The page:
For the last several months I have been working on a daily asana practice and have recently added prānāyāma to my daily routine, which I must admit I view as an elusive and frankly mystical practice. This integration has involved waking up 30 minutes earlier then I would have pre-prānāyāma, lying down for ujjāyī (a type of prānāyāma where the lungs are expanded and the chest is puffed out) and then sitting to perform jālandhara bandha (a position of the neck that locks your chin down towards your raised chest). All the while breathing with awareness. Within this simple practice, as you may know, lies many challenges. To begin with you are supposed to stay awake. When I am able to overcome that first, and honestly rather large hurdle, I then sometimes find my mind focusing on the chill of the morning air on my toes, or the questioning and then subsequent adjusting of the height of my sternum bone. Even perhaps what I’m going to eat for breakfast. Sometimes I succeed in focusing my thoughts and senses but find my breath only wants to expand into isolated parts of my rib cage, or flutters in its rhythm.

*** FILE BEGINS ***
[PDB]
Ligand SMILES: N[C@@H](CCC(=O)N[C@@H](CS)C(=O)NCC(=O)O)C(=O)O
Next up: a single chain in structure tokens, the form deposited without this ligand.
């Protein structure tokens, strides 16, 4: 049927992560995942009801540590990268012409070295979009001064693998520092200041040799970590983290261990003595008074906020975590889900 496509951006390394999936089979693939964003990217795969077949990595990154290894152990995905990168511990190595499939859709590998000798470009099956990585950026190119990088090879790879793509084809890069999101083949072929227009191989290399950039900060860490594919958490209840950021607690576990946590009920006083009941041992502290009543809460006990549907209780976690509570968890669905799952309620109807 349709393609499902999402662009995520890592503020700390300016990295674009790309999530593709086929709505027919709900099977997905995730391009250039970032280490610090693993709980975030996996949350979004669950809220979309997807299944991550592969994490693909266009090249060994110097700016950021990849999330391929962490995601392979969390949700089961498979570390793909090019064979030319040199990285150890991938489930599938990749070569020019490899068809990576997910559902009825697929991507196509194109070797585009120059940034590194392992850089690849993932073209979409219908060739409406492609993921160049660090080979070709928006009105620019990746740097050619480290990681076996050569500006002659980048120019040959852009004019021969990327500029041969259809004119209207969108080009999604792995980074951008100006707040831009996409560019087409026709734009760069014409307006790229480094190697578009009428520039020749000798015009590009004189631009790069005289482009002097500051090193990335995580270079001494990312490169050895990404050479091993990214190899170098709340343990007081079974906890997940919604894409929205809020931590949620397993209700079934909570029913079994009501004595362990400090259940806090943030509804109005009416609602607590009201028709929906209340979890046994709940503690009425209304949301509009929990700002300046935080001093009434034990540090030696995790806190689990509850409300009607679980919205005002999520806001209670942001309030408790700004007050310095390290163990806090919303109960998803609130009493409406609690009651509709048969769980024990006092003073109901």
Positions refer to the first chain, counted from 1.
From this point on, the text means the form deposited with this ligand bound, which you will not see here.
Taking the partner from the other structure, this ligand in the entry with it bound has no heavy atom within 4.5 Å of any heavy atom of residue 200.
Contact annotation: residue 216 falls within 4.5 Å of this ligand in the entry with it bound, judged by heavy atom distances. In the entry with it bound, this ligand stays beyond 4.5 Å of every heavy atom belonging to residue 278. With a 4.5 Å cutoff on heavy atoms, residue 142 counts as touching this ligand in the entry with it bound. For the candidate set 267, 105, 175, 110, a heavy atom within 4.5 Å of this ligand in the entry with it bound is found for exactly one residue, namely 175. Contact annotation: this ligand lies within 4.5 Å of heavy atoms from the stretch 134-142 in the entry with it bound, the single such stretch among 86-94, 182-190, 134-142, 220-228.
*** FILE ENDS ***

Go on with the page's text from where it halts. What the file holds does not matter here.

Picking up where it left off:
But I remain each morning. Silently breathing. In. Out. In. Out.
In Light on Prānāyāma Mr. Iyengar says that “inhalation is the act of receiving the primeval energy in the form of the breath, and retention is when the breath is held in order to savour that energy. In exhalation all thoughts and emotions are emptied with breath: then, while the lungs are empty, one surrenders the individual energy, ‘I’, to the primeval energy, the Atma.” [LoP page 10; #16]. It is with this concept, this experience, that my meager unrefined practice shifts in that dark cool dawn from the blind groping of hope to an unmistakable sense of light. This small amount of successful breath awareness has opened me to an energy and joy that ripples throughout my day.
I may not be achieving what I set out to do just yet; I doubt my postures, I know nothing of Digital technique (placing your fingers on the nose to further control the breath), nor am I even able to retain a steady breath (which I’m pretty sure most grade school swimmers can do) but I am able to experience prānāyāma as the powerfully beneficial practice that it is.